A father has been awarded more than €15,000 after judges agreed that the Hungarian authorities breached his human rights by removing access to his son.  In a press release of the case of Vojnity v. Hungary, the European Court of Human Rights held, unanimously, that there had been a violation of Article 14 (prohibition of discrimination) read in conjunction with Article 8 (right to respect for private and family life) of the European Convention on Human Rights.  The applicant was a Hungarian national born in 1948; he belonged to the religious denomination Hit Gyülekezete (Congregation of the Faith).  In 2000, the applicant’s son was placed with his ex-wife following their divorce.  In 2006, the Hungarian courts withdrew custody from the mother and, refusing to give it to the applicant because of his alleged proselytism, placed the boy with his older brother.  In 2008, the Hungarian courts removed the applicant’s access rights altogether, finding that he abused those rights by imposing his religious convictions on his son which had been detrimental to his son’s upbringing.   The European Court of Human Rights found that the Hungarian courts had failed to prove that it was in the child’s best interest to have all ties severed with his father, who had therefore been discriminated against in the exercise of his right to respect for family life.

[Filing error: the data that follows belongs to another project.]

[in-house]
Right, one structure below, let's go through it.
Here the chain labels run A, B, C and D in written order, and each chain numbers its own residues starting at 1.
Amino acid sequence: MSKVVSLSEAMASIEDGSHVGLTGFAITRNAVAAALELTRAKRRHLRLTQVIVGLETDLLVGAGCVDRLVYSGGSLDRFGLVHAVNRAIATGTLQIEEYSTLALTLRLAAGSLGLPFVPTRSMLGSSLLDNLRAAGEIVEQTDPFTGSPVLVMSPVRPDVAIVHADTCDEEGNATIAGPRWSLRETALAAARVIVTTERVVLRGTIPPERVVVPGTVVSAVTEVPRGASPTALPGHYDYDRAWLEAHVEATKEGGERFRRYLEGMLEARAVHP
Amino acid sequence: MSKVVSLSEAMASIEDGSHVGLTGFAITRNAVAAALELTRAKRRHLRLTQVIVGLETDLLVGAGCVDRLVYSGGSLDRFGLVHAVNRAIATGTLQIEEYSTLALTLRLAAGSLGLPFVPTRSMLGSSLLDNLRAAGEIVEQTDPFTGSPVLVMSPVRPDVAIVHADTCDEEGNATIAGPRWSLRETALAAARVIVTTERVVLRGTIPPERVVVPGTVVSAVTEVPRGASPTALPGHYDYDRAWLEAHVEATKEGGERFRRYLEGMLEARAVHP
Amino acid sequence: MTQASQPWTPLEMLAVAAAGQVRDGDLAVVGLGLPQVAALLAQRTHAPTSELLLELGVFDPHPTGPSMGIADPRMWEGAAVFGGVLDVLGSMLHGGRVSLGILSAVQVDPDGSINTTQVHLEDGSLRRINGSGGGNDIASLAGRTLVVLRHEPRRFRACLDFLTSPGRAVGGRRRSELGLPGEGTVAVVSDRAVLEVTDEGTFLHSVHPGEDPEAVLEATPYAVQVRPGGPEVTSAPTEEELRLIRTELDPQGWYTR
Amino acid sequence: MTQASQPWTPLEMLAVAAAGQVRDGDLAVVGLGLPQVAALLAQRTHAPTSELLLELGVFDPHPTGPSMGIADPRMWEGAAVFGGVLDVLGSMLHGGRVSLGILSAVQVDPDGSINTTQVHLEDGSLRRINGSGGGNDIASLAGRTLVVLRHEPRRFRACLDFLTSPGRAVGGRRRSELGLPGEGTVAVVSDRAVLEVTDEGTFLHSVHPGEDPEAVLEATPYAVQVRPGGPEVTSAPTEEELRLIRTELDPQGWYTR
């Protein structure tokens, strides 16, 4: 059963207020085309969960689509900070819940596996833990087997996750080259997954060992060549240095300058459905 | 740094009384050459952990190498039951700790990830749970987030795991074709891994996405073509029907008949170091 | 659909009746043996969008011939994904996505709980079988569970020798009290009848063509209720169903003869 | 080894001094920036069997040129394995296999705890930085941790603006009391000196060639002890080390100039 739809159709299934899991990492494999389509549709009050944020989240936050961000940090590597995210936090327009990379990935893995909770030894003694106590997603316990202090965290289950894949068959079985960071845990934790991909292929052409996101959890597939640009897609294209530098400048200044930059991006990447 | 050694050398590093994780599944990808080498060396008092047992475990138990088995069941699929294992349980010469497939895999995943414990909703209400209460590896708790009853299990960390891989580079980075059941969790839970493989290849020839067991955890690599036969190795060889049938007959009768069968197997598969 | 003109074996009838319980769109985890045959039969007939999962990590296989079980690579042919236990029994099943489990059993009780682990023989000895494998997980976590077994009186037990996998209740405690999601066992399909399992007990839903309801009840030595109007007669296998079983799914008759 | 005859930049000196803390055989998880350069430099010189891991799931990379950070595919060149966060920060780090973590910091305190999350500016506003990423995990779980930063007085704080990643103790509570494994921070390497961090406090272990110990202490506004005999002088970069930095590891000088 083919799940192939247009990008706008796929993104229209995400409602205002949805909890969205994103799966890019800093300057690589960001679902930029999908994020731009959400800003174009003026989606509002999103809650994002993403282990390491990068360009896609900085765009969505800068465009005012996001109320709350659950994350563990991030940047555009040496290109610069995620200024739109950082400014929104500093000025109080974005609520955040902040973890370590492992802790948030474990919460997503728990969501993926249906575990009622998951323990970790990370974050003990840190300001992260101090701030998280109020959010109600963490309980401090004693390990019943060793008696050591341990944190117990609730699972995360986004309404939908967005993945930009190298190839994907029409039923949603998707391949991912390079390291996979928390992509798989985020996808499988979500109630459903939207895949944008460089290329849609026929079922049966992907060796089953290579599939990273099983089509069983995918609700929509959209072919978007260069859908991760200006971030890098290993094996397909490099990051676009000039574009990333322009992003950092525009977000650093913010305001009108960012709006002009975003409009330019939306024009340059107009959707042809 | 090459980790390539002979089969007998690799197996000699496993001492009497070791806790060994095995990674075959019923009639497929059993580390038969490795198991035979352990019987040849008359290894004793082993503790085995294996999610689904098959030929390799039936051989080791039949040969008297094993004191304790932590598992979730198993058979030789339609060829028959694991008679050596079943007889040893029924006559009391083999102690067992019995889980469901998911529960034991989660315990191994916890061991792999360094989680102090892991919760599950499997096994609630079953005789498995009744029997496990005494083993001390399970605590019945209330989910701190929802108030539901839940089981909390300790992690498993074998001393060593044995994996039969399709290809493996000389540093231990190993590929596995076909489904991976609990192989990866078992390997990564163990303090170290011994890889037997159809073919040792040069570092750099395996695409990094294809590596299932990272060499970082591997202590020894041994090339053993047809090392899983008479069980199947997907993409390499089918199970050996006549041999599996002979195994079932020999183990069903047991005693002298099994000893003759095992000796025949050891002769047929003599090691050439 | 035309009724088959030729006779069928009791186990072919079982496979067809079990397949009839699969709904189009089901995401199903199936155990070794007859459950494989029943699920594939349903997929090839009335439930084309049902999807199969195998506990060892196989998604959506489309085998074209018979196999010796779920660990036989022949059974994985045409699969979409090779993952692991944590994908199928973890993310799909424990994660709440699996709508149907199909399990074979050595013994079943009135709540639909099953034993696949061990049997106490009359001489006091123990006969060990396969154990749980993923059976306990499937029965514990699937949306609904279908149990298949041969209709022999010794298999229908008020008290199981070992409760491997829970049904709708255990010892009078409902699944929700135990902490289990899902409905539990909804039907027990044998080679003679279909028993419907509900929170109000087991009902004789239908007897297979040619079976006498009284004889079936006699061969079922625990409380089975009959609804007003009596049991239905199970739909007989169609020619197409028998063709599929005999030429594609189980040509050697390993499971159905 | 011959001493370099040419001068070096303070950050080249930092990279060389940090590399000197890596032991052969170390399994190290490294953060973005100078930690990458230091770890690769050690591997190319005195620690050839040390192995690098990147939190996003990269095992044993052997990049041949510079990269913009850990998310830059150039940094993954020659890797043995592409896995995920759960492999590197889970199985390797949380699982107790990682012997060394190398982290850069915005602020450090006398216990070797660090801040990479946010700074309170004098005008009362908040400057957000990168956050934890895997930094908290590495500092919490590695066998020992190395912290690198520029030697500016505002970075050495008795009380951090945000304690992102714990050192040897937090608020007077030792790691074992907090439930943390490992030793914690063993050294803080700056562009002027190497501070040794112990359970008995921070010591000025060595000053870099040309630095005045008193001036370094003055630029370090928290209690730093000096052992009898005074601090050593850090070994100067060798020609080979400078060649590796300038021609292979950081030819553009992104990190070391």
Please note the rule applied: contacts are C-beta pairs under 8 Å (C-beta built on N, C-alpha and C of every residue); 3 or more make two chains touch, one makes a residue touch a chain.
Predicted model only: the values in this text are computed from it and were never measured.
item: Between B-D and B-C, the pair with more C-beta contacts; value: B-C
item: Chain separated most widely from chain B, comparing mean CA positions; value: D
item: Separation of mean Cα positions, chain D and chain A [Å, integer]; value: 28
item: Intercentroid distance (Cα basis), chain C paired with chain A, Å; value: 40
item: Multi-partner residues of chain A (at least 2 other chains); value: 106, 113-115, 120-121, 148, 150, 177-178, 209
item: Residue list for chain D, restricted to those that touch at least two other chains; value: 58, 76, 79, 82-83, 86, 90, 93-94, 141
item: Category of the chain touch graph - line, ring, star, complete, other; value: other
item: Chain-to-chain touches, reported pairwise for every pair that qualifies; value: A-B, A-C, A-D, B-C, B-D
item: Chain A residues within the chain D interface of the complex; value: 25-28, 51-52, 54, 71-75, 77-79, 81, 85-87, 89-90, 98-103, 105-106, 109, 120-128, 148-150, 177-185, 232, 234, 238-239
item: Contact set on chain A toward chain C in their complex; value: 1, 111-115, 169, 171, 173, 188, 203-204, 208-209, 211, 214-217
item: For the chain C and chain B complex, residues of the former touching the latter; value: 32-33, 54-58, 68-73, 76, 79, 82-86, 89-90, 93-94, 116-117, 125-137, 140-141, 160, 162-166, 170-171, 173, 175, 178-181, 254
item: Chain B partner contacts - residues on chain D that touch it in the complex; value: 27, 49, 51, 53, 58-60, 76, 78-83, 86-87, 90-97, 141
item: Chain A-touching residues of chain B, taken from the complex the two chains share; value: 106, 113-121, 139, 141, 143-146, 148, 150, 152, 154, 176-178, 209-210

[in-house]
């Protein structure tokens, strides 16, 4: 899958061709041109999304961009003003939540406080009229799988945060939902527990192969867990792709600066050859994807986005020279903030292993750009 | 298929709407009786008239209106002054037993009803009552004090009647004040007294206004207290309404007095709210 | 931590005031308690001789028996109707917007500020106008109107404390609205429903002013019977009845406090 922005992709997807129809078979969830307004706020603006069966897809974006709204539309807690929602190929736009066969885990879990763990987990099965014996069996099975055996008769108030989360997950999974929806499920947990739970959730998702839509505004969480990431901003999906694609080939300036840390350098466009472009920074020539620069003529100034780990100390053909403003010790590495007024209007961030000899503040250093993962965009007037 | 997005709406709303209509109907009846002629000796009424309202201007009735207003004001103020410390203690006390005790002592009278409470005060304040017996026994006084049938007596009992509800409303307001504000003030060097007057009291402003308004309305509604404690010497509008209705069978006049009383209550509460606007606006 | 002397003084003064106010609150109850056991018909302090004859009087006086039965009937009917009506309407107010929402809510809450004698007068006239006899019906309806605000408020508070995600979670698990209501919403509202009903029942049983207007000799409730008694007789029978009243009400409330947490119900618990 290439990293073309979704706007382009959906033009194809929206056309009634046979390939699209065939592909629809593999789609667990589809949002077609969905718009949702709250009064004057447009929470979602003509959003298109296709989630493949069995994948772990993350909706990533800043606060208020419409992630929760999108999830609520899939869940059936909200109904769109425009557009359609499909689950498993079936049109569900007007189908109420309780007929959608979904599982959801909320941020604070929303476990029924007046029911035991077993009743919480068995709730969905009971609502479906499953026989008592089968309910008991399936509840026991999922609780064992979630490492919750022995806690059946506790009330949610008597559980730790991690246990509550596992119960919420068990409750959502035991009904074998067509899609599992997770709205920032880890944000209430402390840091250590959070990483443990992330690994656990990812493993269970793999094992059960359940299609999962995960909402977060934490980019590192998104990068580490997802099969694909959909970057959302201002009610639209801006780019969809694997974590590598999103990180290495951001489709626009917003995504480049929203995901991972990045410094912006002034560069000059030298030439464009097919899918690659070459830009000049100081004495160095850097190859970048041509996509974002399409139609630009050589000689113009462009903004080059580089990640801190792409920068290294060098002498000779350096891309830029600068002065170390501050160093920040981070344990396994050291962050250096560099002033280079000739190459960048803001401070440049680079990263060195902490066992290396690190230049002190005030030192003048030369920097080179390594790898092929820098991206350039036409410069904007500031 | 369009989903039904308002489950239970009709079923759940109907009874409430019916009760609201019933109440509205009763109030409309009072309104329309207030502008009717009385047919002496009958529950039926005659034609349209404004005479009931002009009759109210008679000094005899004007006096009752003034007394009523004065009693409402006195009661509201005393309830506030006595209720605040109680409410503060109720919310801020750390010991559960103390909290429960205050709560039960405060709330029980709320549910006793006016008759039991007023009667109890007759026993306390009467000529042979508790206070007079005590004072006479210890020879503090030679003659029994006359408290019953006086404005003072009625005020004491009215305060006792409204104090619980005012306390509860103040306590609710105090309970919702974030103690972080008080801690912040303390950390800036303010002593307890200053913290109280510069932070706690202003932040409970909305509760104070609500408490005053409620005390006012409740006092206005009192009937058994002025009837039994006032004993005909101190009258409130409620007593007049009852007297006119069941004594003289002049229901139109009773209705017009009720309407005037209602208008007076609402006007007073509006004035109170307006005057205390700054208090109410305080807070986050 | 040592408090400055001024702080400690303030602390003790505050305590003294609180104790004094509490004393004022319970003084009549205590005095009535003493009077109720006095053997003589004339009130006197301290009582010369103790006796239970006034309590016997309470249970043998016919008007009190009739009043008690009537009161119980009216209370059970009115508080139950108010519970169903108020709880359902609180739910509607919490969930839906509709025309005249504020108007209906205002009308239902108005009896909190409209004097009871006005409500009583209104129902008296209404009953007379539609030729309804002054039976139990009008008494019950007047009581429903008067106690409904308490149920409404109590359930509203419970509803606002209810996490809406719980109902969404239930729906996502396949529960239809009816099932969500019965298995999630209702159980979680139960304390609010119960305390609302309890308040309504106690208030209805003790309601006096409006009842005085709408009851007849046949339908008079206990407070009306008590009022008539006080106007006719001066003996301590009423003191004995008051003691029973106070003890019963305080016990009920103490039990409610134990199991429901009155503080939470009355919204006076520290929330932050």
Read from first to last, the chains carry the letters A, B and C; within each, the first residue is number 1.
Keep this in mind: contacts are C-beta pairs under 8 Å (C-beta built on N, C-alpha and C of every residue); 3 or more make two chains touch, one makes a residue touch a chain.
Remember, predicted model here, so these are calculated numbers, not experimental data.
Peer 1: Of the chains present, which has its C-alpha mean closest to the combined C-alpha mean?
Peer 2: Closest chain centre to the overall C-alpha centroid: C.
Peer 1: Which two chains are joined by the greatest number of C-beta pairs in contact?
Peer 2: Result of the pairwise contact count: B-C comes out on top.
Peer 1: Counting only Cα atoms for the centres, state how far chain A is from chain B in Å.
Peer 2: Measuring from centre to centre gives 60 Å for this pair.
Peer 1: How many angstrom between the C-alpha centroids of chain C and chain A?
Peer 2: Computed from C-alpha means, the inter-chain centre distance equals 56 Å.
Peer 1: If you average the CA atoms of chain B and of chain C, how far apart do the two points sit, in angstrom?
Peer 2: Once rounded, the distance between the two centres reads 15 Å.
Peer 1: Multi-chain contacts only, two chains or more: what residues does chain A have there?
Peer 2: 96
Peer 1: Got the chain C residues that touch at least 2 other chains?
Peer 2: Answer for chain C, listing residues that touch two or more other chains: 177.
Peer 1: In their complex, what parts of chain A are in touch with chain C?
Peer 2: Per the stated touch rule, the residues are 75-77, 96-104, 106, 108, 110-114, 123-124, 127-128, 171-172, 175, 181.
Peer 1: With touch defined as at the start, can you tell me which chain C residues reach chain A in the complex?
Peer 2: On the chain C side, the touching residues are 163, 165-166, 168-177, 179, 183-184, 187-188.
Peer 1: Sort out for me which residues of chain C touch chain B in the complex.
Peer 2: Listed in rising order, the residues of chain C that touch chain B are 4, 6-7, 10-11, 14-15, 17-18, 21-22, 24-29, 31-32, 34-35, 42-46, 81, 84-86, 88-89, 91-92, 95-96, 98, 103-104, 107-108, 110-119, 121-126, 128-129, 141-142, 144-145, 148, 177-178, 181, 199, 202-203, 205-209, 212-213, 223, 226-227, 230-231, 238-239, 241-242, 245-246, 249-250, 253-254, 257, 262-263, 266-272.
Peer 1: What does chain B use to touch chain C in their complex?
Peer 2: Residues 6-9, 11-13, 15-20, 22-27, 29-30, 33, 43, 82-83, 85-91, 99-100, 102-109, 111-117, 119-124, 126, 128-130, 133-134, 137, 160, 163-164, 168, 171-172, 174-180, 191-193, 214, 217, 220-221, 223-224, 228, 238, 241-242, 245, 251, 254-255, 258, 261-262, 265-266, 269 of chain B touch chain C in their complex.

Slavery and Human Trafficking
  • Reported Failure To Tackle Slavery And Human Trafficking In The UK
Ministers, the police and social workers have been accused of a "shocking" failure to prevent the spread of modern slavery in the UK, leading to sexual exploitation, forced labour and the domestic servitude of adults and children from across the world.  A The major study by the Centre for Social Justice, titled ‘It happens here’ sets out more than 80 recommendations, including appointing an independent commissioner and new legislation to protect victims.  An 18-month investigation leading up to the CSJ study collated evidence of exploitation of foreign adults and children as well as British citizens, in factories, fields, construction sites, brothels and houses. It identified more than 1,000 cases, but cautioned that official figures remain "a pale reflection of the true size of the problem". The study calls on parliament to pass new anti-slavery legislation aimed at requiring companies with turnovers above £100m a year to publicly disclose the efforts they are making to ensure that their supply and product chains and business practices are free from modern slavery.